Pope Francis – A Jolly Good Hero
At long last, I surrender to the urge to confess that I’m a secret fan of Pope Francis. It’s a bit hard for me to do so, because I’m not a religious person and I’m used to think of popes as detached, stubborn old men – no offense. 😀 Actually, I’m Catholic, but I haven’t seen the inside of a church for ages, except during weddings and sightseeings. When I was young, I used to pray like kids do, asking for protection and presents, I was even an altar boy for some time. But my religion was rather a custom than a matter of faith. As I reached adolescence, God and religion slipped into oblivion.
When I turned eighteen and discovered the harsh side of life, I even took a stand against religion. I read Nietzsche and called religion names, like escapism. I embraced reality, worked hard, partied hard, and loved hard. I agreed that ends justify means and didn’t look back.
So, what makes me look up to Pope Francis after all this time?
As I grew older something began to stir inside my heart. It’s a bit hard to put a label at it. The best term I can come up with is goodwill. I think it started with the birth of my first child – children bring out the best in us. 🙂 First, this sprouting benevolence bothered me. It didn’t help me in meeting life challenges and I felt it made me weak. But my kindness didn’t bother about me either and so a deep conflict grew: my heart insisted to be considerate while my head demanded that I should act as a man and do what I have to do for myself and my family.
This cut is running deep through all of us, as well as through our civilization: the divide between heart and head, ethics and necessity, mercy and severity, faith and skepticism, rationality and belief, even religion and science. In fact, a cold war is raging within our society, with two vast forces on both sides, one armed to the teeth with facts, reason, and cynicism, the other wielding faith, intuition, and scare-tactics. And that brings me back to Pope Francis: he is making a stand between those two intimidating armies, trying to mediate and reunite our divided society. And this is what I honor: a man making a lonely stand.
Dear Francis, it must have been hard for you to step out of your comfort zone, risking cross and even friendly fire. Many people have tried to soften and modernize the Catholic catechism, one of the most rigid and defensive cognitive structures planet earth has ever seen. Not so long ago people lost their lives trying. Who is supporting you? Ten to one, you don’t have many friends in the Vatican, an organization subject to fierce lobbying, rattled by financial and sexual scandals. Your predecessor threw the towel after eight short years.
For some strange reason, your opponents don’t appreciate your efforts either. I suspected that the rational, scientific camp would welcome your gesture, but for them, you’re not scientific enough. Really guys? How about some support? One step in the right direction is better than a million steps in the wrong direction or a million steps not done … wait is there such thing? 😉
I’m not worried whether Francis’ announcements about the Big Bang and evolution are far-reaching enough, because I’m sure these two simple statements will already change planet earth. Consider the situation: Pope Francis isn’t sitting in a small dingy that can make a 360-degree turn within seconds. He’s steering a cruise ship of mega proportions with more than one billion passengers on board. Turning the Catholic Titanic (just kiddin 😀 ) by a few degrees has a huge impact. Other Christian cruise ships may follow the change of direction as well; so, we are talking two billion people at the end of the day.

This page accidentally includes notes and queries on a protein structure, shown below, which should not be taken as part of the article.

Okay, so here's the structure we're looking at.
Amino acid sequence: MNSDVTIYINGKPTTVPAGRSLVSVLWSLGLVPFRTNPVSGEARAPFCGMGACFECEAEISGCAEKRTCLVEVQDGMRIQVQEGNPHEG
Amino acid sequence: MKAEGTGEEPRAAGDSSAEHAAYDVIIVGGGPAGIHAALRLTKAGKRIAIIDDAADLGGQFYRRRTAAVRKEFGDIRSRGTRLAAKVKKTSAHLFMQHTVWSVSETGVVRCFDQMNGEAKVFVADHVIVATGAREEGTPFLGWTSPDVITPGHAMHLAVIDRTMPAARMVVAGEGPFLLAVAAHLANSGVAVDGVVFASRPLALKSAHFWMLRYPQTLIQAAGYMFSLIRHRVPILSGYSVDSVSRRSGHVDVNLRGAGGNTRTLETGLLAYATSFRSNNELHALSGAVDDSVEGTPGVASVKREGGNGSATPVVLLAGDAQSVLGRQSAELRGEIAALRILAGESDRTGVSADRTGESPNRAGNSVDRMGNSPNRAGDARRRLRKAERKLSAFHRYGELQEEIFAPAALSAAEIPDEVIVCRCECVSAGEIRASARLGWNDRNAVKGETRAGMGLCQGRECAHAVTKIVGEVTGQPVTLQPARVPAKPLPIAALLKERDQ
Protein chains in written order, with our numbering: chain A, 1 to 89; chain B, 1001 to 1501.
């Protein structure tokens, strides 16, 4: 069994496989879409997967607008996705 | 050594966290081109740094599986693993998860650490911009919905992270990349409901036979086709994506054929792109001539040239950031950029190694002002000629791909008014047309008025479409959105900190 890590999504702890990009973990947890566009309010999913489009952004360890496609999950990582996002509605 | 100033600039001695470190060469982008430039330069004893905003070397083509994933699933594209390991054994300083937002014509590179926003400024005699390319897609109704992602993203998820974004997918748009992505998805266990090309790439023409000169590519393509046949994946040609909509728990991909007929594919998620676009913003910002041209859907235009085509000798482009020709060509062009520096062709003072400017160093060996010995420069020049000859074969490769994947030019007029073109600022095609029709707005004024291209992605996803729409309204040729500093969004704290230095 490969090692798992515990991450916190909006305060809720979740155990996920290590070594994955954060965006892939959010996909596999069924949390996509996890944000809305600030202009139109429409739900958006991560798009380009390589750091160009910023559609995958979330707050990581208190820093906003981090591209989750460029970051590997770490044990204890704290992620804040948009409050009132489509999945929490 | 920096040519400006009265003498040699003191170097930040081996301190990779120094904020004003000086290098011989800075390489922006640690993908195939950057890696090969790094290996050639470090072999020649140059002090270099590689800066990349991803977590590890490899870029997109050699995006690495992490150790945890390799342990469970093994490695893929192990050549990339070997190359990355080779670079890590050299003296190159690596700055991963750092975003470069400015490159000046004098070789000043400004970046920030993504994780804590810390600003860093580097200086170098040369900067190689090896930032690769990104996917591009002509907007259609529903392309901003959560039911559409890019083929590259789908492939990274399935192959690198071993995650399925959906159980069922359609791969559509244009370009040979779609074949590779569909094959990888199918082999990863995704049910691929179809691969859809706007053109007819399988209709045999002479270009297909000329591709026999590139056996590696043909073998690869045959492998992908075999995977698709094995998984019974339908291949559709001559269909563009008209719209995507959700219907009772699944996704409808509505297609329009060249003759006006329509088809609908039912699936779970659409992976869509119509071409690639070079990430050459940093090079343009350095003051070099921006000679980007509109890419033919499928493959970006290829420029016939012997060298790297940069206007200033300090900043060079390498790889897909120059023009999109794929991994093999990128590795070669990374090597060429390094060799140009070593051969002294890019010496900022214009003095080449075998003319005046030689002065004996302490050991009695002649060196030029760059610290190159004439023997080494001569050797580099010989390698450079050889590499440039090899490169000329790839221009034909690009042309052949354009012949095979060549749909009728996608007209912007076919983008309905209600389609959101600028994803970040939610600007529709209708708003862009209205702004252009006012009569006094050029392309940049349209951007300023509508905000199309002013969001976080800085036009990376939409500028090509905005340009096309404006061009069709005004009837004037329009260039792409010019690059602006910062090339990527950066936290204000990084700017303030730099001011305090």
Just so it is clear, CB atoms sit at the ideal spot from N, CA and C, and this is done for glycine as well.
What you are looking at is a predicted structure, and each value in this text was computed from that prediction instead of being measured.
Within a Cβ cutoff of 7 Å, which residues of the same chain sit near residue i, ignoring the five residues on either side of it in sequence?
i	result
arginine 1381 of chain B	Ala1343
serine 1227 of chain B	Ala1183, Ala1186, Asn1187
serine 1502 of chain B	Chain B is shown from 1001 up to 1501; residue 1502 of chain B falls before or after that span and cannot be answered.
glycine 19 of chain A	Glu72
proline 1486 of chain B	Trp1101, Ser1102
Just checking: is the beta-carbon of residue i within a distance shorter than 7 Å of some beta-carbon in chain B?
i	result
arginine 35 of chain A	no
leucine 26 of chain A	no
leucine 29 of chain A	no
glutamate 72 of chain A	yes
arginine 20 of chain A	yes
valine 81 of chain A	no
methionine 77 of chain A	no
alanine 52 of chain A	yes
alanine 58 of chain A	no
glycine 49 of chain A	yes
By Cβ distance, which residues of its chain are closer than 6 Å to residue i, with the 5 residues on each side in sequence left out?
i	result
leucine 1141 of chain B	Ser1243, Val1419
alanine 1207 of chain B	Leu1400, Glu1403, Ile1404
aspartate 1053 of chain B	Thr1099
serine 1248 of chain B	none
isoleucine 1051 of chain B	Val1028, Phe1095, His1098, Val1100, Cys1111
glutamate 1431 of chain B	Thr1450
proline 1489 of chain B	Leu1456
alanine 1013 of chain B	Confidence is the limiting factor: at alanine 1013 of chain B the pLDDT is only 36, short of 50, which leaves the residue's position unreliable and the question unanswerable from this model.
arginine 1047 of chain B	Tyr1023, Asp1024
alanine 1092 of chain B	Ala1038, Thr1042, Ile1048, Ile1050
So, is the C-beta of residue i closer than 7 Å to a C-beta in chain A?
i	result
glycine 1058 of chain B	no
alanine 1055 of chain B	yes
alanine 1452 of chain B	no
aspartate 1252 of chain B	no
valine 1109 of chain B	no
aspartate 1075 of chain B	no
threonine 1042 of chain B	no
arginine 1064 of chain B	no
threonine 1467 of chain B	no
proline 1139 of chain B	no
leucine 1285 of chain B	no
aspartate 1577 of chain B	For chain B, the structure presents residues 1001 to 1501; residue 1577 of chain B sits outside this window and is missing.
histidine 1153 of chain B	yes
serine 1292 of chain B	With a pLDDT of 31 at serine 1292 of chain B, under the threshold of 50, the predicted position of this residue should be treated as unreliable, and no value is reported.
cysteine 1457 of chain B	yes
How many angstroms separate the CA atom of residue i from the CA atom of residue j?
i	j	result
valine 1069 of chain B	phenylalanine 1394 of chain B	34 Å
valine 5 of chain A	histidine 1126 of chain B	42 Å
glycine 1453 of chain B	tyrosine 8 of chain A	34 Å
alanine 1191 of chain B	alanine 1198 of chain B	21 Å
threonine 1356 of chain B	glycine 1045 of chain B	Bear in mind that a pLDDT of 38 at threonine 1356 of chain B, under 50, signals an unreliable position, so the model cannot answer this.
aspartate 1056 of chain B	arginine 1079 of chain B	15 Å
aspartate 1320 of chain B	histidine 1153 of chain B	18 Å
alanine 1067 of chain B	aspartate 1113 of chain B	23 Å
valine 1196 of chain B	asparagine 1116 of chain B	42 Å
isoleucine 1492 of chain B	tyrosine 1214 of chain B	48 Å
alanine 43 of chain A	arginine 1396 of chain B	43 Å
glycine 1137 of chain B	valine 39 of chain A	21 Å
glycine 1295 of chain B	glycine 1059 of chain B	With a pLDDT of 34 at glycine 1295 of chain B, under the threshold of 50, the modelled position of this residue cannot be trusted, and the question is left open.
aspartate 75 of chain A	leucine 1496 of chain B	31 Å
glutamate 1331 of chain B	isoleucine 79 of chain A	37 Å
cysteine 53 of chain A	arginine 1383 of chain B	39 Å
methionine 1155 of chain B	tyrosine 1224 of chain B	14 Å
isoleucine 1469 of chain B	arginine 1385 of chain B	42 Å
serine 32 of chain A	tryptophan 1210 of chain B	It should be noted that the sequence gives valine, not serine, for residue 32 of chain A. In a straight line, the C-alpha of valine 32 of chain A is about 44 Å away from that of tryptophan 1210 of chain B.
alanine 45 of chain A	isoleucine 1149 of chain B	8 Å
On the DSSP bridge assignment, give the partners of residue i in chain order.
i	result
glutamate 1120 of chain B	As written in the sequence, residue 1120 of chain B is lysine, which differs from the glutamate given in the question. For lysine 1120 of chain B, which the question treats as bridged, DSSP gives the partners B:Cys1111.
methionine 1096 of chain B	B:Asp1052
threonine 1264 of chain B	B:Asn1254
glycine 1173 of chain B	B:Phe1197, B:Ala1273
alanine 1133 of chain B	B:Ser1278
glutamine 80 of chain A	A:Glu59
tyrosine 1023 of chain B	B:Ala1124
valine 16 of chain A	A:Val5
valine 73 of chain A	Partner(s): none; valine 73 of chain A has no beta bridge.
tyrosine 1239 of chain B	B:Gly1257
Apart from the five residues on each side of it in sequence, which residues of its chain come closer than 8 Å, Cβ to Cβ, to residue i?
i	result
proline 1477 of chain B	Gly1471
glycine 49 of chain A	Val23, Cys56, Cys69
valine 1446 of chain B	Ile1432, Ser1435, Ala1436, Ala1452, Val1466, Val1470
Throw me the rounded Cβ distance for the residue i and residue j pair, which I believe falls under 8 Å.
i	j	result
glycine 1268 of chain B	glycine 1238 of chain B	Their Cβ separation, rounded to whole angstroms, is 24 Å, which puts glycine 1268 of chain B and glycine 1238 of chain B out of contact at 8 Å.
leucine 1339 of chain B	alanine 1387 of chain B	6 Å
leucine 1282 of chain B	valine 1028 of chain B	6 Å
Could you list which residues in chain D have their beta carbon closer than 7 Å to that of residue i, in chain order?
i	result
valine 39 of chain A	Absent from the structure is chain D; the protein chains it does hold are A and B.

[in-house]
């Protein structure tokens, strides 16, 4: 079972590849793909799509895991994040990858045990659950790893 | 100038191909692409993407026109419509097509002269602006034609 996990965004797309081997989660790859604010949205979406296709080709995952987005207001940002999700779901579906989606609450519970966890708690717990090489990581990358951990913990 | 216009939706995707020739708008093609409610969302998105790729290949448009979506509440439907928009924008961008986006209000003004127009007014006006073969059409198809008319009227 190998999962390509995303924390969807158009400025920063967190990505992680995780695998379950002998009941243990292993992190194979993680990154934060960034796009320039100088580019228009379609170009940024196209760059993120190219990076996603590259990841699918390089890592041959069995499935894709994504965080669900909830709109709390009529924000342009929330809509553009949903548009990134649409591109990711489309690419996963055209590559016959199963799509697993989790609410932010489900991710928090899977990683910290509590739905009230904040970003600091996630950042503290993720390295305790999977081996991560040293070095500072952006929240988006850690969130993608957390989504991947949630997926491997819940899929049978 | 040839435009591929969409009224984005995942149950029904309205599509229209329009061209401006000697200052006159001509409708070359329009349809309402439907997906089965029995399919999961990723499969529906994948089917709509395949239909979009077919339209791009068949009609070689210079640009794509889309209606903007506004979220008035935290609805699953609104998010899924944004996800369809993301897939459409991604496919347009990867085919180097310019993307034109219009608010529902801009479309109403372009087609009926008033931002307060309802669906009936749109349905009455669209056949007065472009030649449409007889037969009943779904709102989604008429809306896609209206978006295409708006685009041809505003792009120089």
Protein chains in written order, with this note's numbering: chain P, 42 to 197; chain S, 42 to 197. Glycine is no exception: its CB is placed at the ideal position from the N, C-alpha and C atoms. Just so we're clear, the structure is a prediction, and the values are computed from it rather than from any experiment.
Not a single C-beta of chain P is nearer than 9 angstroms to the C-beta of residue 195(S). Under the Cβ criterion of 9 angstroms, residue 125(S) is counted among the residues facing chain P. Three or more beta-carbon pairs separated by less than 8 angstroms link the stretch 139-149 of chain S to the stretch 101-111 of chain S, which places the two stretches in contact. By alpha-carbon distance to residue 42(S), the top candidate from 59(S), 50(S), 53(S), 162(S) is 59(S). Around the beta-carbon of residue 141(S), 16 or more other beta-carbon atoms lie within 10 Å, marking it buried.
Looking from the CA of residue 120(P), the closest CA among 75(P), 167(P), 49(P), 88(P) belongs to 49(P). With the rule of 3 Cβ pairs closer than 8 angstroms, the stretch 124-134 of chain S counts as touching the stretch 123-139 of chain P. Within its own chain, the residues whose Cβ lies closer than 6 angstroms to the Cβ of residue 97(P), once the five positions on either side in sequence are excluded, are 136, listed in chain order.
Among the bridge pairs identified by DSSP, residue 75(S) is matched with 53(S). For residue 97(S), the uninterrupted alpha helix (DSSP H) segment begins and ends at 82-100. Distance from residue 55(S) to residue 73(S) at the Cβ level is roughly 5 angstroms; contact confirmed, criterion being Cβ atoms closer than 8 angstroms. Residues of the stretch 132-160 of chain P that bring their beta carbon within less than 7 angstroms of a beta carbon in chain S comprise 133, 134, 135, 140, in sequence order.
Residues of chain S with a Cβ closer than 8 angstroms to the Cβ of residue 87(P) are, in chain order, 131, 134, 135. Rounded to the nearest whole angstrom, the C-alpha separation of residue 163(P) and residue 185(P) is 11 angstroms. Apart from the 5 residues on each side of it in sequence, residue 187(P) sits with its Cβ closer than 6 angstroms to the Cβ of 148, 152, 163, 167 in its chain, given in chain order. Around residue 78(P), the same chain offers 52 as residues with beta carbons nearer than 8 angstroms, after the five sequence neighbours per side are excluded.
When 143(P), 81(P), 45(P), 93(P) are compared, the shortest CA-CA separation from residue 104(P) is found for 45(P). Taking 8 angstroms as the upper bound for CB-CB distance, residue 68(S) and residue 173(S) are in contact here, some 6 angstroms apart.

In particular, scientists complain that Pope Francis sticks to creationism. I don’t agree, because from what I can read, he advocates intelligent design. And I’m happy with that. Personally, I believe that the existence of our DNA proves that nature is designed. Look around: biological organisms are too ingenious! What are the odds that our planet’s biological technology platform came about by series of fortunate chemical events in a hostile environment? The scientific explanation of life – let’s call it randomism – is as implausible as the assumption that God pulled out planet earth and biology out of His hat in seven days-days. Reading between the lines I can also sense some religious fervor the way intellectuals defend their randomism.
I’m serious: I’m hoping for some mathematicians to put their heads together and calculate the probability of intelligent design. I know why scientists don’t like that exercise, I just wonder why the church hasn’t done it yet. It feels a bit awkward though: proving God’s existence. I guess the church isn’t ready to give up faith in favor of certainty. Some people are already stressed out by the notion that Heaven is real, how about God being reality? Maybe, the proof of God is gonna be Francis’ next stand.
I probably won’t return to Sunday sermons, but Pope Francis definitely made it onto my hero list. He tore down a few walls. Now, I have a chance to have interesting discussions with my Catholic brothers and sisters. And that makes me happy and a bit excited. A small step for Francis, but a great step for mankind. I wish I can do my part in re-uniting religion and science and befriending head and heart. Please hang in there, Francis. My heart goes out to you and I wish you all the success you deserve. You won’t perfect Christianity, neither people, but who can do so anyways? Not even Jesus succeeded in that.